The Buried Life, Examined

I don’t know if it’s because of the introspection that turning a year older always induces in me, or because the ideas I’m working on for my memoir are causing my brain to divulge all of its secret treasures, but the past couple of weeks have been full of memories coming up that have me going “I completely forgot about that!”

I recently recalled my experiences with Tai Chi, a slight memory of golden apples on a ceiling that spawned a creative non-fiction piece “Creative Visualization.” Just today, I was twice reminded of other memories: one directly related to my memoir, and one of a grade school trip to the state capital. I’ve never had a problem remembering things, and I don’t know why it surprises me that the memories are still in there, somewhere, waiting to be knocked loose by an image or a thought so they can float to the surface. It’s just amazing how the cosmic shifts inside of me caused by my birthday have opened me up to such mundane memories. It’s equally amazing that these memories, upon reexamination, are so rich in meaning and appropriate for the projects I’m working on.

I’ve been sort of dreading this birthday more than most. I will be past the prime publication age I held so dear. I’ll never appear on a Top 40 aged 25 and under list of up and coming literary voices. The year that I was twenty-five will be recorded as one where there weren’t many triumphs. I don’t feel any closer to the goals I’ve had for myself or the things I’d always imagined I’d have by the time I’m 25-26: house, husband, heirs…, yet:

  • I’m writing at a higher level than before.
  • My blog(s) are developing a good following and inspiring discussion.
  • I’ve erased some of the old habits and debts that have kept me back.
  • I’m finally ready to seek publication again.
  • My writing voice is more fully developed than it was last year.

Since I’ve stop pushing back memories of my life, stopped thinking my life is uninteresting and uninspiring, I’ve come to see so many jewels of wisdom and insight. I’ve realized I have something to say, not just as a fiction writer, but as a non-fiction writer. I’m realizing I’ve accomplished a lot, much more than I give myself credit for, and I still have a lot of life left (hopefully) to accomplish over and exceeding everything I’ve ever imagined. I’ll get there in my own time, when the time is right. I just have to trust that I’m going to get there, and keep walking.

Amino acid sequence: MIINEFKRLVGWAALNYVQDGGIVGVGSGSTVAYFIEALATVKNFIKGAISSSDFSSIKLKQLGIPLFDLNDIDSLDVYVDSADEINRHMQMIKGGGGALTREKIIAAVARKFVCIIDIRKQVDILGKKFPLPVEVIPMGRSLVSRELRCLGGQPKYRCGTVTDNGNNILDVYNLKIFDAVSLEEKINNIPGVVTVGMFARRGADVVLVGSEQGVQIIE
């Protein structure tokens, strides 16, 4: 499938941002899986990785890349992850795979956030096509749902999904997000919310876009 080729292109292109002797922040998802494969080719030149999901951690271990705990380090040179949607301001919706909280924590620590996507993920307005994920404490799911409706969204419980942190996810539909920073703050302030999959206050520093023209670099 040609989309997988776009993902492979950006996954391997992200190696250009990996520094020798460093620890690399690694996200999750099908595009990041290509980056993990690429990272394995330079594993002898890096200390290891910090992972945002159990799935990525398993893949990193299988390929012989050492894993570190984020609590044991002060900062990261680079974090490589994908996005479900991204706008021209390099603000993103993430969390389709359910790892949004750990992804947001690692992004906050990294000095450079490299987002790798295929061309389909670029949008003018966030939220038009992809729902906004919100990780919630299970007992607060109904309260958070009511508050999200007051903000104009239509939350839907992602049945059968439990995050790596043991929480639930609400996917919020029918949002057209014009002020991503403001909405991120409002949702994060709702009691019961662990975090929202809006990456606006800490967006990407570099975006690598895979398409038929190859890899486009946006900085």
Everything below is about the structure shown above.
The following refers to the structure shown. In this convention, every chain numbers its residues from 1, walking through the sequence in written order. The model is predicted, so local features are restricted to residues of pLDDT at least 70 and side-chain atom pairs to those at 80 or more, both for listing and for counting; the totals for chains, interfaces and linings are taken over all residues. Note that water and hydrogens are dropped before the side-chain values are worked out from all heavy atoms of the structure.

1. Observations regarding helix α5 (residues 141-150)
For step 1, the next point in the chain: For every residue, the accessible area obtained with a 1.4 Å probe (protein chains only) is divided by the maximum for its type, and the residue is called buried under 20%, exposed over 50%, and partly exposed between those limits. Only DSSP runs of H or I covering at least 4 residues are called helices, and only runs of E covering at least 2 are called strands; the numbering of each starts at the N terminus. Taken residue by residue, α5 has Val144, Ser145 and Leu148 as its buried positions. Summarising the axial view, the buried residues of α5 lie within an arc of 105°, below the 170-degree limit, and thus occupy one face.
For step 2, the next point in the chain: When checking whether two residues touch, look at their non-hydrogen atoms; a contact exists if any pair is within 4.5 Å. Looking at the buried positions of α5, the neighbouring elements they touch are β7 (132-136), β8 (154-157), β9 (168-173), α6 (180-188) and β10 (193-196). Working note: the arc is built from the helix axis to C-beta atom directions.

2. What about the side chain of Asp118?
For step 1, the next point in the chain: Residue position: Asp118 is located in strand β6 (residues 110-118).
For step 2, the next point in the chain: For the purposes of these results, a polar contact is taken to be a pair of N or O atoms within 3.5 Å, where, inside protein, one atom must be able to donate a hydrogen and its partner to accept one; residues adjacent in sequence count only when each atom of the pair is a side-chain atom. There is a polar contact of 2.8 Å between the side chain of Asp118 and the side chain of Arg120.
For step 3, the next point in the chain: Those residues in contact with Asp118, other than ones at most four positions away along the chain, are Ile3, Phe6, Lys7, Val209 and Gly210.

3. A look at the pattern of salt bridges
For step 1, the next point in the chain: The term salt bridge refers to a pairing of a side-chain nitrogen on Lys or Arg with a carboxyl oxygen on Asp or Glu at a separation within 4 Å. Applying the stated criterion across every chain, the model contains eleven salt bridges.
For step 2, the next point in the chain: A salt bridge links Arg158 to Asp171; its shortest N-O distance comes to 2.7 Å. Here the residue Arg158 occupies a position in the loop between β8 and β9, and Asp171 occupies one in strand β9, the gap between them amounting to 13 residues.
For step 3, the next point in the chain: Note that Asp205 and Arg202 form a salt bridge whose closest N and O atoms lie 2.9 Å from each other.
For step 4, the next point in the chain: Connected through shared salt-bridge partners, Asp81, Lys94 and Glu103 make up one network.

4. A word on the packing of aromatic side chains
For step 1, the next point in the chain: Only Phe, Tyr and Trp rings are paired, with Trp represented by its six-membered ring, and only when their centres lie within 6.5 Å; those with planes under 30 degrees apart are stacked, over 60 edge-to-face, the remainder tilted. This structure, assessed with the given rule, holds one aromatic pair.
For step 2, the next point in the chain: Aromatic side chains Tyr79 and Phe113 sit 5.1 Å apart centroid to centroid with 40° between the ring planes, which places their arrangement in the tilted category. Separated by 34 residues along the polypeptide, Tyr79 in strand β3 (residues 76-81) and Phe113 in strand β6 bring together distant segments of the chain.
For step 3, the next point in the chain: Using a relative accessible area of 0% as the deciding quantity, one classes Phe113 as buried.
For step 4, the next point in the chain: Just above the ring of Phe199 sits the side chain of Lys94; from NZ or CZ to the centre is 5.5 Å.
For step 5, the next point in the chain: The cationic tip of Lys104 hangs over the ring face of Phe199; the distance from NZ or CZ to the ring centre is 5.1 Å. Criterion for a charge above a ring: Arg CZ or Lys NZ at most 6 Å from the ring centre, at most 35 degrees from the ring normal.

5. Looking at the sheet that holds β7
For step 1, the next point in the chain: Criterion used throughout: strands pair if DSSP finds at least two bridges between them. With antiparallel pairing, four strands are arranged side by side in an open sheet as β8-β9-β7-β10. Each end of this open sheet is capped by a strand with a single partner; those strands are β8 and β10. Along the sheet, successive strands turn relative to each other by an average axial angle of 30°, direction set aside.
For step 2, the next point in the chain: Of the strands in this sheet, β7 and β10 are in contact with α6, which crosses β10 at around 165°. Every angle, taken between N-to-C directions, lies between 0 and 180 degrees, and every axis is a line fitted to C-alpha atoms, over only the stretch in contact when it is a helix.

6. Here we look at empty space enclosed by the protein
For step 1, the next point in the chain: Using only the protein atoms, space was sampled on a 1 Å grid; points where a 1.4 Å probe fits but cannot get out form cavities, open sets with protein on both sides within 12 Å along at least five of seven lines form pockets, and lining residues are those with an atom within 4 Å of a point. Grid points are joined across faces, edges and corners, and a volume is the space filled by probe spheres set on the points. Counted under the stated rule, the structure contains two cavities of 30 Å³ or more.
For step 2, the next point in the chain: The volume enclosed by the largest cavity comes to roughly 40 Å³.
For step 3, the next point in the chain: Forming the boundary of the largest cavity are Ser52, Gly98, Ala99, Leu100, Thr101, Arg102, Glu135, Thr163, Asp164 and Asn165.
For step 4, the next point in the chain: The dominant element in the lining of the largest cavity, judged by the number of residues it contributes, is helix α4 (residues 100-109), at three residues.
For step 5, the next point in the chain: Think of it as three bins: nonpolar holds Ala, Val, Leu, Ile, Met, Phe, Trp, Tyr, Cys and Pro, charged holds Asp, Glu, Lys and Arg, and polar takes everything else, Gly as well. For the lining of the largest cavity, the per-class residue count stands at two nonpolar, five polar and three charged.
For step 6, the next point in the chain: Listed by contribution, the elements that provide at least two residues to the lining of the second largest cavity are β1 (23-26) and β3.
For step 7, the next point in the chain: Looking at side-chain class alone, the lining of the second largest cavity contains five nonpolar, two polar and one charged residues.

6 thoughts on “The Buried Life, Examined

  1. That’s really all it takes — keep walking. I’m in my seventh decade and just on the verge of publishing my first novel.

    • I was so tempted to quote the journey of a thousand miles starts with a single step line…but then it just felt cheesy and cliche…even though it’s what I’ve been thinking. Good luck with your novel.

  2. It’s very easy to look back on years past and see everything that you missed or failed to do. The “shoulda” “coulda” “woulda” game is something my brain loves to play with my subconscious while I try to sleep.

    However, if you stop and really look back you start to see all the great things you’ve accomplished and from your list you certainly have accomplished great things – especially for a writer.

    Keep on writing and developing your voice!

    • Yes, when you really look back, you see all many of accomplishments and personal triumphs. The trick is to take the time to do so thoroughly. Often, when I think about a coulda woulda shoulda situation, I just feel the regret, guilt, frustration, or etc. and block it out instead of really examining it. Good point! I definitely plan to keep on writing.:-)

  3. I’m glad you were able to make a list of the things that are going well. It’s natural that we not accomplish everything we set out to – it gives us a reason to live another year or more!

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